Prince William of Orange sent him in several diplomatic missions to England namely, in 1677, to ask the hand of Mary, daughter of James, duke of York which would give him succession rights to the throne of England.
The alliance of some Tory peers and the Whigs against the increasingly unpopular policies of king James II led ultimately led to the invasion of England by the Dutch and the flight into exile of king James II. Lord Bentick played an important role in the preparation of the invasion and in the gathering of support for William’s cause both in England and among foreign powers.
The «Glorious Revolution» having been accomplished with the accession to the throne of William and Mary as joint monarchs, England became a constitutional monarchy with the approval of the English Bill of Rights. The new regime however had to face the «Jacobite» uprisings in Ireland and Scotland till 1745.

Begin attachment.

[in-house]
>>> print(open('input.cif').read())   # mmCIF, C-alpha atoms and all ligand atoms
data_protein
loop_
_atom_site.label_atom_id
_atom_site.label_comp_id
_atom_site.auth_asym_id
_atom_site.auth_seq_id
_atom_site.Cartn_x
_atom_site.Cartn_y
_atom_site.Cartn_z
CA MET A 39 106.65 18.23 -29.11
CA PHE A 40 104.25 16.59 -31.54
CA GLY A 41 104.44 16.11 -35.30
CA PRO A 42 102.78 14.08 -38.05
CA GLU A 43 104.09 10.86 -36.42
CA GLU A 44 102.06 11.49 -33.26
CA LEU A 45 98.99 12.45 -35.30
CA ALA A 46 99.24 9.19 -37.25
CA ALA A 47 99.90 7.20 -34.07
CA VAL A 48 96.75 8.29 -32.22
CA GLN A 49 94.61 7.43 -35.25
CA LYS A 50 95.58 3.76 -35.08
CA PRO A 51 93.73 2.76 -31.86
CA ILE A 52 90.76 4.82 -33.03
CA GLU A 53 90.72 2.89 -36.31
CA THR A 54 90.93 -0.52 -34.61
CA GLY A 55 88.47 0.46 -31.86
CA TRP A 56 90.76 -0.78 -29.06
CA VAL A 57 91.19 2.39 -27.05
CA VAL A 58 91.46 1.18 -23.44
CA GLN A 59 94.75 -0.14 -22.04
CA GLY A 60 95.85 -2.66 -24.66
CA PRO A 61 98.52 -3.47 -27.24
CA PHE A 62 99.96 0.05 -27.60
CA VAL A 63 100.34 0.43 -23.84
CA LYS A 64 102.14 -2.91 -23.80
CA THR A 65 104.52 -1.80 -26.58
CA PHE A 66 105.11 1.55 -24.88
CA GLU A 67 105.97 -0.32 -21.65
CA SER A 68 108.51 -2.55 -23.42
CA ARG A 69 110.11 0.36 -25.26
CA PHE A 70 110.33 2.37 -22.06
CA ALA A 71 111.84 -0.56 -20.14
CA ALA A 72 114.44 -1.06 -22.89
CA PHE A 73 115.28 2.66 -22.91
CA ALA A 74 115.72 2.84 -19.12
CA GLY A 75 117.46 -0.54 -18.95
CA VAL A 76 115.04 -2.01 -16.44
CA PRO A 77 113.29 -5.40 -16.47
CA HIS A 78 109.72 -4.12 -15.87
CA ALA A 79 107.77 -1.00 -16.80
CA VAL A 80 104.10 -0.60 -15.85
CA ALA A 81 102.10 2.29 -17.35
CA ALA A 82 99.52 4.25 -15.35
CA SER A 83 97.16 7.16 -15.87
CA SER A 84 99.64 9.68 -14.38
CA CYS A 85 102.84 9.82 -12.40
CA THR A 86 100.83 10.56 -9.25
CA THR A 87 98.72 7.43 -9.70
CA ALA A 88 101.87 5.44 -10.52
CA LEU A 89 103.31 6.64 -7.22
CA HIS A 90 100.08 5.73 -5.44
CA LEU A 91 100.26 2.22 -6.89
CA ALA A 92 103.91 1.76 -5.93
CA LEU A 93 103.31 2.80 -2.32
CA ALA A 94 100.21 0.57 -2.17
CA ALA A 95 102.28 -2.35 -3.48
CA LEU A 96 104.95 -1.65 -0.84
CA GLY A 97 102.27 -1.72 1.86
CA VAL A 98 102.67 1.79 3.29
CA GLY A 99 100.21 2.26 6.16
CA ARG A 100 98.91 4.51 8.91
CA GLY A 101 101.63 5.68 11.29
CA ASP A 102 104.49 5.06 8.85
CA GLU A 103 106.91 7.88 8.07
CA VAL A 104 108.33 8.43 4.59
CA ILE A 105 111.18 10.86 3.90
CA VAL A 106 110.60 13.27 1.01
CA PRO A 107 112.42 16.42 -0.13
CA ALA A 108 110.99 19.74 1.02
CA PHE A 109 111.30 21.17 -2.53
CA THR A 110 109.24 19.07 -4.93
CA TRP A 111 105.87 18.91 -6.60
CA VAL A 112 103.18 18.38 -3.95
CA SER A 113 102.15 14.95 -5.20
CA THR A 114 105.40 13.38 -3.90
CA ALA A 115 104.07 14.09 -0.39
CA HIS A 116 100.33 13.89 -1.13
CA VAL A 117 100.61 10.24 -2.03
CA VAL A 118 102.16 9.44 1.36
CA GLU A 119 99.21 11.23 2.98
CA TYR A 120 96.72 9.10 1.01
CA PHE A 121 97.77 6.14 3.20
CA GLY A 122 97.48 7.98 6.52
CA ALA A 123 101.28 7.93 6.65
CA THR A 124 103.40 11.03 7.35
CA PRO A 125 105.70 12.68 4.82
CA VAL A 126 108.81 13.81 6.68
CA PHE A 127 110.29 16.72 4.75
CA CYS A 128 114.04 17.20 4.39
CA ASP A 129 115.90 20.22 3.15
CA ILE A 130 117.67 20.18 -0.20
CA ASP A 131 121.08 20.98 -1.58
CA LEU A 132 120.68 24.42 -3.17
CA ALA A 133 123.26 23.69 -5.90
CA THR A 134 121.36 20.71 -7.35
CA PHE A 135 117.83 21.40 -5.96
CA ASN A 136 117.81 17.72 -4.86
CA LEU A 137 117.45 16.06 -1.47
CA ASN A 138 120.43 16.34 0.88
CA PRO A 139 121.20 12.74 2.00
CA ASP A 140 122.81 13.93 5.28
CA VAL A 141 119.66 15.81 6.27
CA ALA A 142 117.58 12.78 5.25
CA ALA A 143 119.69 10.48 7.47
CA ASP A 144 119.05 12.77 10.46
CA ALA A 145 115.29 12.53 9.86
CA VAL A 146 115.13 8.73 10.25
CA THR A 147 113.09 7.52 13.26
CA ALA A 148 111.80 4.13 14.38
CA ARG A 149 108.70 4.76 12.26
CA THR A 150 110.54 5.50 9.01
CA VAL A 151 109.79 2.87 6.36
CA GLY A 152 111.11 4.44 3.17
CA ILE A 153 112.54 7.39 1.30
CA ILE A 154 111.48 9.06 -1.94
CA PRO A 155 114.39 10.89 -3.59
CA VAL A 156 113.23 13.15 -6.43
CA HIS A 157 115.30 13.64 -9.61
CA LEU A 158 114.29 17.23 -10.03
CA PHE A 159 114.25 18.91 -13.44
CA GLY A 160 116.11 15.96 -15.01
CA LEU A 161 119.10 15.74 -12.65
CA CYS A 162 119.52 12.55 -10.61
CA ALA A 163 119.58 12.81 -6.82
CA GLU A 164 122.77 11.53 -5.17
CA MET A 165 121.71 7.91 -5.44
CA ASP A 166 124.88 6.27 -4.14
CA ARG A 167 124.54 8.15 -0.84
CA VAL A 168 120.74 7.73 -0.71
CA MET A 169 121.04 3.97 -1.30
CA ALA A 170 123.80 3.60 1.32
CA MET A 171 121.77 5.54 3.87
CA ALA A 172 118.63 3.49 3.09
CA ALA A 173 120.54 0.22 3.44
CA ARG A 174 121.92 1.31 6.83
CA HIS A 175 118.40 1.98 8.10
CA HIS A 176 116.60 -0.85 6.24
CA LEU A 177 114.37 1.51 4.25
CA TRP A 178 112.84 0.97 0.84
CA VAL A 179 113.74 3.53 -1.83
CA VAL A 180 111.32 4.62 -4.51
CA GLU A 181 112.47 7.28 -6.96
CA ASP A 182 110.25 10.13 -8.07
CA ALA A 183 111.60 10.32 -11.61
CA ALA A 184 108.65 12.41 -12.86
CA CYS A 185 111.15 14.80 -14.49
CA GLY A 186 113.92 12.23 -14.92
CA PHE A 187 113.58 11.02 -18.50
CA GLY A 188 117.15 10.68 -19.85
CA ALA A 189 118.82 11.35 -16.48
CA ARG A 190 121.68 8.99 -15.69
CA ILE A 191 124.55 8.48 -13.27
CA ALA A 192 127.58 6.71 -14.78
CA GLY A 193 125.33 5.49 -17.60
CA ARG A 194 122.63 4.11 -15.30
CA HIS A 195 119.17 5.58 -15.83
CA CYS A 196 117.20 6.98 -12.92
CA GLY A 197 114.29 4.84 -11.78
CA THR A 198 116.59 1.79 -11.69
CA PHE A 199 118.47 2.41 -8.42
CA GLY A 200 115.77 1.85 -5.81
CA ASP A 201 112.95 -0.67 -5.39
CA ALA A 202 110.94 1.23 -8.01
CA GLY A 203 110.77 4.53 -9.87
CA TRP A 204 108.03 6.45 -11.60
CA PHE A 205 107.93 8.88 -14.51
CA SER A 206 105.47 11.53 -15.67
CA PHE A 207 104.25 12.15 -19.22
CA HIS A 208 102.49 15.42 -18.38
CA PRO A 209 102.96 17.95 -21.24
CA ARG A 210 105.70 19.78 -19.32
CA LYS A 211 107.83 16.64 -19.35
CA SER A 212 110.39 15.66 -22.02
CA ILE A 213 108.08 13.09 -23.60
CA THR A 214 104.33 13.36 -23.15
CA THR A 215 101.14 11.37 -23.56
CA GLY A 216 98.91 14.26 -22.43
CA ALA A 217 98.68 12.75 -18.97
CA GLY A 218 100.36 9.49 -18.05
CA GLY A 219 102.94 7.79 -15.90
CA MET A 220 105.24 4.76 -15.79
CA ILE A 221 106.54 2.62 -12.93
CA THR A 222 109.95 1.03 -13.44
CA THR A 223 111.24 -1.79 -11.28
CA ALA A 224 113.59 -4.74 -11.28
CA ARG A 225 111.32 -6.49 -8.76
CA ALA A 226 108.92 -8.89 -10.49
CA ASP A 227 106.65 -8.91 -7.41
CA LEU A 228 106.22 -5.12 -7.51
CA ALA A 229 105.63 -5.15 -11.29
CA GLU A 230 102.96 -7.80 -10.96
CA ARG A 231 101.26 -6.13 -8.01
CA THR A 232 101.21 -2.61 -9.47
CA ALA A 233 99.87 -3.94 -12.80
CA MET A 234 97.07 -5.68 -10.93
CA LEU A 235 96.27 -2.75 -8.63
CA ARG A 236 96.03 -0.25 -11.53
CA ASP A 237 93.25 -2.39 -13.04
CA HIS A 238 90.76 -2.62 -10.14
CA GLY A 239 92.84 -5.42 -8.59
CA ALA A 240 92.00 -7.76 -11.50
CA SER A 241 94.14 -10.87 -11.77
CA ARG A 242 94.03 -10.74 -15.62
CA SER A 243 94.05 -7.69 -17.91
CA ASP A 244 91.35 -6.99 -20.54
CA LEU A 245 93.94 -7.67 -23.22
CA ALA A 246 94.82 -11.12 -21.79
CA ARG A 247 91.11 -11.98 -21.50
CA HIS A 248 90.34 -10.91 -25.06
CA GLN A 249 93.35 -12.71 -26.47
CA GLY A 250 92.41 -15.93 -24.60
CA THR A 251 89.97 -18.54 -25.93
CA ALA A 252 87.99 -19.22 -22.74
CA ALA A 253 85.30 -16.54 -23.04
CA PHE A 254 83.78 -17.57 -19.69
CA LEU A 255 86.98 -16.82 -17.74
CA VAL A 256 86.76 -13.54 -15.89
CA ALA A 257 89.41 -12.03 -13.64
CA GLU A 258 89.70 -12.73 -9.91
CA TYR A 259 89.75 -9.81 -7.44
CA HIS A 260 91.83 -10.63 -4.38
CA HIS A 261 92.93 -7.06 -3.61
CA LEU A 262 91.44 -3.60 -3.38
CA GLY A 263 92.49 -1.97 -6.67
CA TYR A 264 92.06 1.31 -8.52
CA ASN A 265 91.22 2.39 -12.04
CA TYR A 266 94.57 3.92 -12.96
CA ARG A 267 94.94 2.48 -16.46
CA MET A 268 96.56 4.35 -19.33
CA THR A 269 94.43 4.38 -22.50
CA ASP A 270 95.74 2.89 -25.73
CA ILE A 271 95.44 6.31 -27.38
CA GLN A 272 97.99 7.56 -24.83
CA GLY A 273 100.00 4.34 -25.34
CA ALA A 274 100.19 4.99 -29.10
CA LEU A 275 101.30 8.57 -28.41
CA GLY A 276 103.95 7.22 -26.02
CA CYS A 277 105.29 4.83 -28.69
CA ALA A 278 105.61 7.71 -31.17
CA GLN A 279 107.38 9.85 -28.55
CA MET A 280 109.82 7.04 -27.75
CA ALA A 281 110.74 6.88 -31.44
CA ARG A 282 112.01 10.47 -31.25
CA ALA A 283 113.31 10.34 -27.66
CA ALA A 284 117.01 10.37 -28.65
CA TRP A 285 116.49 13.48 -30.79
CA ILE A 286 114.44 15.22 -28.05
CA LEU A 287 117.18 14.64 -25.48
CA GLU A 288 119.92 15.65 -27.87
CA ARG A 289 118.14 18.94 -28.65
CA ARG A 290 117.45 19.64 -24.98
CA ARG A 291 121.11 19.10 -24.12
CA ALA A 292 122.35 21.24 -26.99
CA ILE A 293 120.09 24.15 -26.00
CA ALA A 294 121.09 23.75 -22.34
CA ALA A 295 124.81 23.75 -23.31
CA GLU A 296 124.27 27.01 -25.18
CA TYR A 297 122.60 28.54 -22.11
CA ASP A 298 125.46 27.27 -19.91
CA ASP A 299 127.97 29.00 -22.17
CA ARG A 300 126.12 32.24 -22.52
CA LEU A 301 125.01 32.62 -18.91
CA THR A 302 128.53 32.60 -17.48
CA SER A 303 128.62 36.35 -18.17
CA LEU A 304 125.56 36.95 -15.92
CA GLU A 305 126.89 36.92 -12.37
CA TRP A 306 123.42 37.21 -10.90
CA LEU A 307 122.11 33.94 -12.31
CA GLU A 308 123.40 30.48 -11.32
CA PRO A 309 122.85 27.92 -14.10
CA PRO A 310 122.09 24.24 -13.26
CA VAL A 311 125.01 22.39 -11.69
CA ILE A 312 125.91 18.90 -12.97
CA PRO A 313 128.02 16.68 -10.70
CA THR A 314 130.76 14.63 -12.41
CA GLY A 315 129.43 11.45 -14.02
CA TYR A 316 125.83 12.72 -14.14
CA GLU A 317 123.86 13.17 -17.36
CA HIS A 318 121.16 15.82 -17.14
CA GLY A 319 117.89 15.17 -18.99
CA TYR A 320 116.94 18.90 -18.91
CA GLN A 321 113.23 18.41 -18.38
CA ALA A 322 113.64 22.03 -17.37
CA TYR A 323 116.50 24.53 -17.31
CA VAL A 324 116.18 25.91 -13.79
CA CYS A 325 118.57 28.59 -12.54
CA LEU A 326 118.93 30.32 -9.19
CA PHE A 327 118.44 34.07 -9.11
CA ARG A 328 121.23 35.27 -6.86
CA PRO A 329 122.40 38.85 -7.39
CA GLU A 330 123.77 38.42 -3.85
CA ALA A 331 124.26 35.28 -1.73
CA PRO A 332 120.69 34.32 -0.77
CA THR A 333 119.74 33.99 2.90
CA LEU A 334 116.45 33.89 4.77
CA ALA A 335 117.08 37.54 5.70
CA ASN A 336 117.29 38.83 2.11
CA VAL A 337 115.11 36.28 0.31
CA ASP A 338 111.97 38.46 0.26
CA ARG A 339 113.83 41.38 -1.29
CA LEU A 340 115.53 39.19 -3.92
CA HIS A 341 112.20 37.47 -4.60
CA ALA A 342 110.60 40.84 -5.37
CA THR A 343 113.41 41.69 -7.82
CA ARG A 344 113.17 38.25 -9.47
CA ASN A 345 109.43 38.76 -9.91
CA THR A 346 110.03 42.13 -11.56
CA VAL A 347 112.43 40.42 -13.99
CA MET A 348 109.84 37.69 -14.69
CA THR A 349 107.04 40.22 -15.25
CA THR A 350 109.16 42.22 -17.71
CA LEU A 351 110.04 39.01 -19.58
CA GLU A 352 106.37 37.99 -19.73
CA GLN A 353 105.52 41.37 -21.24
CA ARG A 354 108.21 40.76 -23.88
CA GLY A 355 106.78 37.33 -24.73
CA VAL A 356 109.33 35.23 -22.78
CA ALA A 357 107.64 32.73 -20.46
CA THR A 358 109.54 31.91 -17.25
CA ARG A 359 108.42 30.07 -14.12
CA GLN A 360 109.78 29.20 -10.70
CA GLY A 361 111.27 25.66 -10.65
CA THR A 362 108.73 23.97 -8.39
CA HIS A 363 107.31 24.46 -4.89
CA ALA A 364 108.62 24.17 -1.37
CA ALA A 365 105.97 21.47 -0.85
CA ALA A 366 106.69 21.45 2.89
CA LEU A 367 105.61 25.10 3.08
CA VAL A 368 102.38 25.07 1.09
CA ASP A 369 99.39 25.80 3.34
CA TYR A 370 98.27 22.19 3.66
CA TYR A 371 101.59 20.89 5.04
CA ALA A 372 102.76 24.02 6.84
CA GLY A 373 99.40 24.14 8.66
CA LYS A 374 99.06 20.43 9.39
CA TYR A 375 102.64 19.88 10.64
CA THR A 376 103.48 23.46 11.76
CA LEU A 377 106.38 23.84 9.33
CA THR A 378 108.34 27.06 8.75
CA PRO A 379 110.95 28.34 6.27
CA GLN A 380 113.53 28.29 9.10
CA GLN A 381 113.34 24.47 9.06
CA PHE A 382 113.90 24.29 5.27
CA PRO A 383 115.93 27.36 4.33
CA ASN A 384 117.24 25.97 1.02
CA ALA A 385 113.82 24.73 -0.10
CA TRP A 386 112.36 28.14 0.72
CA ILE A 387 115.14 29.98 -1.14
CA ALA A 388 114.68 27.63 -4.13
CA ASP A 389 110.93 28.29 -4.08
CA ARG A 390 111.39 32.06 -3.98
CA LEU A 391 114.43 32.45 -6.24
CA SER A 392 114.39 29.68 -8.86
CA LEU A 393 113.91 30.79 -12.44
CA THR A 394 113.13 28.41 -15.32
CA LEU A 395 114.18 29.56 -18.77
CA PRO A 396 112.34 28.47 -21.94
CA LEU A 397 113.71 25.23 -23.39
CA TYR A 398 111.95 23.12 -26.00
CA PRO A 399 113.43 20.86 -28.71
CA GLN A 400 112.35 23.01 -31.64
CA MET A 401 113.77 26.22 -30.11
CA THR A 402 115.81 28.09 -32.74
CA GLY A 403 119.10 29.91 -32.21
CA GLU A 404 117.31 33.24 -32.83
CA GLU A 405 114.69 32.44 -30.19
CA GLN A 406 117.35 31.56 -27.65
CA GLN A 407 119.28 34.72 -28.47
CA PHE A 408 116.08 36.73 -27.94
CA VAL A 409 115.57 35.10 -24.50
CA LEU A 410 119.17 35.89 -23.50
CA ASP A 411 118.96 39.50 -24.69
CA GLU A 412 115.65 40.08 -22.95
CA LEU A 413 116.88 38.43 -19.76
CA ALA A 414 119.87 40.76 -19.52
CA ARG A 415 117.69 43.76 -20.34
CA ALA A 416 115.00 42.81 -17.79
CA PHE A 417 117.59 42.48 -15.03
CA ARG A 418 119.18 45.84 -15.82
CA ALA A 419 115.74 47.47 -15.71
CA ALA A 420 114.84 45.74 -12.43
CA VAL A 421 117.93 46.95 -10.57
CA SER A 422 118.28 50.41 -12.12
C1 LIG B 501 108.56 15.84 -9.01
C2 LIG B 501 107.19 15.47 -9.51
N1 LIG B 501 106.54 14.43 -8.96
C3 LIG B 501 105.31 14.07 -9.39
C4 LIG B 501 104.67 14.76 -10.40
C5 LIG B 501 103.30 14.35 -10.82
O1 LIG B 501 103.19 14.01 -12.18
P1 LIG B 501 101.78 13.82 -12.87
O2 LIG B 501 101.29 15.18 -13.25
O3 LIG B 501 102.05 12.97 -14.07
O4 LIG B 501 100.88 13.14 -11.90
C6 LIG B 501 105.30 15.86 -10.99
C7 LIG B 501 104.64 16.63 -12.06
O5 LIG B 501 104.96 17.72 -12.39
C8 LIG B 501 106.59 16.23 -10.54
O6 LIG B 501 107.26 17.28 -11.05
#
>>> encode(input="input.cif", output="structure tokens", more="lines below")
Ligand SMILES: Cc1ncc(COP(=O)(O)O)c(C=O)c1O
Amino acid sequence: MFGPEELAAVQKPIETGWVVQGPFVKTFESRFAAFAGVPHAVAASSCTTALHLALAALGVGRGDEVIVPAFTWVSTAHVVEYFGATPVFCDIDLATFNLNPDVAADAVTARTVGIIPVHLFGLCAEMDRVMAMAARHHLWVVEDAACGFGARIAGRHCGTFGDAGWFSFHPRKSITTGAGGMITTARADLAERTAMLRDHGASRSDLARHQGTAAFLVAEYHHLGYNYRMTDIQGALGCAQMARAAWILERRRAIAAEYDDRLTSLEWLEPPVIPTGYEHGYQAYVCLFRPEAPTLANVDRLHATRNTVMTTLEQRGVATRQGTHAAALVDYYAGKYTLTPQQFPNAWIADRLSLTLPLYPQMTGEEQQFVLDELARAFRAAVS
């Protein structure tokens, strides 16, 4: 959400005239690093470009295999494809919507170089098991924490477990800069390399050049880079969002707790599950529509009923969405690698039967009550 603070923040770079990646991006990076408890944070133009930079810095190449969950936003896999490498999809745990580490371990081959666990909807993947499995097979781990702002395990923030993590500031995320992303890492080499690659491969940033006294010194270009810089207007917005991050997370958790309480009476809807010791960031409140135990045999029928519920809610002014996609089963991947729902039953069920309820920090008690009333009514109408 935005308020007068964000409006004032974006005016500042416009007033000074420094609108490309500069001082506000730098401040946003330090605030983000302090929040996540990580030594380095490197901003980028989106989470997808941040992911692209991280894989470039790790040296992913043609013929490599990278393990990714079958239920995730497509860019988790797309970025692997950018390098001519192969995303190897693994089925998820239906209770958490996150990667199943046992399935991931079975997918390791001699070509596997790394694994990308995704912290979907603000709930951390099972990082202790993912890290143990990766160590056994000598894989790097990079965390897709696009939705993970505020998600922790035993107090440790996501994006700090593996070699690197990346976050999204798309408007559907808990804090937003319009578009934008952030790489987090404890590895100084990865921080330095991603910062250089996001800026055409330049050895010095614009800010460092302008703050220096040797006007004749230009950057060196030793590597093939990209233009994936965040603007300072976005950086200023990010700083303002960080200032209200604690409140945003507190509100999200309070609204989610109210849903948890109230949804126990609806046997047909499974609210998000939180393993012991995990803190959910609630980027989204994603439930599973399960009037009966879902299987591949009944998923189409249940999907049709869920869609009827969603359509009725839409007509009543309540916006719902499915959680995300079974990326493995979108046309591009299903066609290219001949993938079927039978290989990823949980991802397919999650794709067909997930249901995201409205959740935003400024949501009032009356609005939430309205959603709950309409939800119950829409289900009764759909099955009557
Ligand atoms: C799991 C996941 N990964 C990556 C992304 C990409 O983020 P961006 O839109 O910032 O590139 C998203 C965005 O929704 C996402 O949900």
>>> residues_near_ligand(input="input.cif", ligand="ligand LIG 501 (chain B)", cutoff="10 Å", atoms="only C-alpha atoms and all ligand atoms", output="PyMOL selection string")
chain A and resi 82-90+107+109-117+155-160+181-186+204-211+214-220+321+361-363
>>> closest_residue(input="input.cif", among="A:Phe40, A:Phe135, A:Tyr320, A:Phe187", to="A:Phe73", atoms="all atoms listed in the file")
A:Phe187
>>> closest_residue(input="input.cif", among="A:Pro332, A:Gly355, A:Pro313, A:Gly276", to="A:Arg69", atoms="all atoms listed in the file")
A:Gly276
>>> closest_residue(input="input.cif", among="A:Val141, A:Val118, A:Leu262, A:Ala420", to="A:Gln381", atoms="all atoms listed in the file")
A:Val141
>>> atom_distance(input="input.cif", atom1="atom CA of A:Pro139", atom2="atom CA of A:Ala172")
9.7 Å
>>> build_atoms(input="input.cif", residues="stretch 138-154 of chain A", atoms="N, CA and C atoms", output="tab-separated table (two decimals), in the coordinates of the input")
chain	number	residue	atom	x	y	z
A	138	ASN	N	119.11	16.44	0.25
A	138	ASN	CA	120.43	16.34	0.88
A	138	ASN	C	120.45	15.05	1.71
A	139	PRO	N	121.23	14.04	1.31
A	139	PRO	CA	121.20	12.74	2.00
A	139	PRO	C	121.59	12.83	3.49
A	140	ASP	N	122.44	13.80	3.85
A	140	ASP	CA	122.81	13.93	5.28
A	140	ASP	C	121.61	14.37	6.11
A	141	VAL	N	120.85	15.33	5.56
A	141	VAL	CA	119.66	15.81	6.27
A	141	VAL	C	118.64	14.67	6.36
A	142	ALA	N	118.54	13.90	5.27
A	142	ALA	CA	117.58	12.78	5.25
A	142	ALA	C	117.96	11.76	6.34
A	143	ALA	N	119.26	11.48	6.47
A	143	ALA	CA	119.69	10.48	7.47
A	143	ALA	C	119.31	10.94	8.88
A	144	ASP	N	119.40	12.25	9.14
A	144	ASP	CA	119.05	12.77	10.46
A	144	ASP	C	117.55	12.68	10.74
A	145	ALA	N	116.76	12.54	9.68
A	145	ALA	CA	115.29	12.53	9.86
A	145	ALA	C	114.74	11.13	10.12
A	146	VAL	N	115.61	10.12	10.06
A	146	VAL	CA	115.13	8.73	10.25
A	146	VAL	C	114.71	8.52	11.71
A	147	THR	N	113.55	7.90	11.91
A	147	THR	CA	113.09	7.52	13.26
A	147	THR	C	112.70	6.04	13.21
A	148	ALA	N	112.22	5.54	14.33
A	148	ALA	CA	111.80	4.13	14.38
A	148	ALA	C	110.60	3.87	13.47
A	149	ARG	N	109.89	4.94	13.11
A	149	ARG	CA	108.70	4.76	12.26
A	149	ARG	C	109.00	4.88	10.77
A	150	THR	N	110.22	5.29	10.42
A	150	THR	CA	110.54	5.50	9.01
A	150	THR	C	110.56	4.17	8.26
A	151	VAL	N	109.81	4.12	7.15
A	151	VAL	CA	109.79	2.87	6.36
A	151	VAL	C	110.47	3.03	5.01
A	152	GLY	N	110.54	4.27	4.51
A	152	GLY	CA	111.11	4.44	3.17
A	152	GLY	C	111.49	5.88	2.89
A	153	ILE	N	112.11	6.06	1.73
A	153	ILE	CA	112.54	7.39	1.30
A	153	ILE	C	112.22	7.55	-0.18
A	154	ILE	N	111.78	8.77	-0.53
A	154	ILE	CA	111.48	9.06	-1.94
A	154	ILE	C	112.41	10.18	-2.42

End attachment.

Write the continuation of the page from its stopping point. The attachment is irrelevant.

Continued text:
William Bentick’s loyalty and dedication to the new dynasty was highly rewarded by the appointment as Groom of the Stole, Privy Counsellor and created Baron Cirencester, Visount Woodstock and Earl of Portland, all in 1689.
He fought at the battles of the Boyne and Landen were he was wounded and in 1697-98, was sent as Ambassador to Paris for negotiations with Louis XIV over the partition of the Spanish monarchy, In 1697 he was installed a Knight of the Garter.
Lord Portland was further rewarded with a very large gift of crown land in Ireland leaving a huge fortune when he died.
Lord Portland was married 1stly. On 1678 Anne Villiers and 2ndly. on 1700, Jane Martha Temple, the widow of the 3rd Baron Berkeley of Stratton.
His eldest son Henry, who succeeded him, was created Marquess of Titchfield and Duke of Portland in 1716.
Arms: Az. a cross moline ar (Bentick) surrounded by a garter with the Order’s motto.
Crest: Out of a marquess’s coronet ppr. two arms couter-embowed, vested gules on the hands, gloves or., each holding an ostrich’s feather ar. for Bentiwck.
Supporters: Two lions, double queued, the Dexter ppr. the Sinister sa.
The bookplate is dated 1704.